May 31, 2023
Ithaca, NY | 83°F


Grounded acting fails to move story

“In the Company of Dancers,” the latest production at the Kitchen Theatre, is a complex theatrical performance that combines narrative and motion, but fails to accurately portray the life of a woman with one simple goal — to dance.

The semiautobiographical script by the Kitchen Theatre’s artistic director Rachel Lampert tells the story of Deborah (Norma Fire), a lifelong dancer. During the play, Deborah sorts through mementos from important moments in her life and uses those bits of her past to tell the audience her story. Monologues introduce the 15 separate dance numbers that are recreations from Deborah’s career as a performer used to form the narrative of her life.

From left, Timothy Connell and Stephen Nunley dance with Lindsay Gilmour in the Kitchen Theatre’s newest work “In the Company of Dancers,” a production about the life of a professional dancer. Courtesy of the Kitchen Theatre

On top of writing and directing, Lampert choreographed the well-constructed show with Lindsay Gilmour, assistant professor of theater arts at Ithaca College. Though the production successfully highlights the dancers’ technical skills, the pieces concentrate on relationships rather than technique. This approach was meant to turn the show into a more traditional theater production, but falls short without a clear connection between the dance and script.

Violinist Linda Case, cellist Rosie Elliot and pianist Andrea Merrill add to the performance with their expert manipulations of difficult pieces. The diverse musical choices feature many classical composers, such as Antonin Dvorak, Johannes Brahms and George Frideric Handel. Despite the small performance space, the musicians were able to sit on stage, which adds to the intimacy of the show. Not a single dancer crashes into the instrumentalists, though a few come close, speaking to the coordination of such a detailed production.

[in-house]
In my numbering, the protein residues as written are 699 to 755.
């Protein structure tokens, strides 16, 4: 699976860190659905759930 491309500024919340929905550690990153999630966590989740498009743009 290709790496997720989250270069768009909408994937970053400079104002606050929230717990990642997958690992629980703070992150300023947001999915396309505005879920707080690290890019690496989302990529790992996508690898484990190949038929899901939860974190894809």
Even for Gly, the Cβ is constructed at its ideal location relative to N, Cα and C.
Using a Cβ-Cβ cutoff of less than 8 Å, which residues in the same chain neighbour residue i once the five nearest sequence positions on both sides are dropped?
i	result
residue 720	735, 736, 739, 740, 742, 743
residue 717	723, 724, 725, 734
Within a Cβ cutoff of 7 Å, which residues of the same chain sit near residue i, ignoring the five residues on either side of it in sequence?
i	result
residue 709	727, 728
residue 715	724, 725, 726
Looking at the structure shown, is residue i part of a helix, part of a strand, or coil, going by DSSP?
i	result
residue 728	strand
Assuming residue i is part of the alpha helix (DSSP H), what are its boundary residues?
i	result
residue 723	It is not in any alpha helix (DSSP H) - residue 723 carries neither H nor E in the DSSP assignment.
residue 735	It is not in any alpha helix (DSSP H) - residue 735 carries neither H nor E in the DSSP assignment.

In a piece set to Shostakovich’s Piano Trio in E minor, Movement 4, the dancers alternate between flowing movements and abrupt motions, which gives the audience an introduction to the appeal and difficulty of modern dance. This coordinated skill proves the cast is widely talented and capable of the technical skill necessary in a play about professional dancers.

As the retired Deborah, Fire is charming, but does not give off the spirit of the lifelong dancer her character is meant to be. Her stage presence captures the wisdom of age through expressive hand gestures and reserved but precise movements across the stage, but not the limberness of a revered dancer.

Though Fire’s character is scripted to represent Deborah as a mature and developed dancer, the choreography associated with her role prevent the actress from giving a fully convincing performance. Fire only dances in the opening number, which makes her unable to portray a naturally fluid physicality that a lifelong artist would earn.

In the middle of the show, a dance number set to Bach’s Prelude for Suite for Solo Cello No. 1 in G major brings junior musical theater major Ryan MacConnell and cellist Elliot to center stage. Through Lampert’s choreography and Elliot’s proficiency, MacConnell performs a visually appealing solo. This is one of the only moments where the story and dance come together and show what this performance could have been if the script matched the quality of the dancer’s technique.

While the narrator of the Kitchen Theatre’s most recent work is able to recall the choreography from her past in perfect detail, “In the Company of Dancers” is unlikely to leave a lasting impression on those who choose to see it.

“In the Company of Dancers” will run through Sunday at the Kitchen Theatre. Tickets are $25 for students and $32 for adults.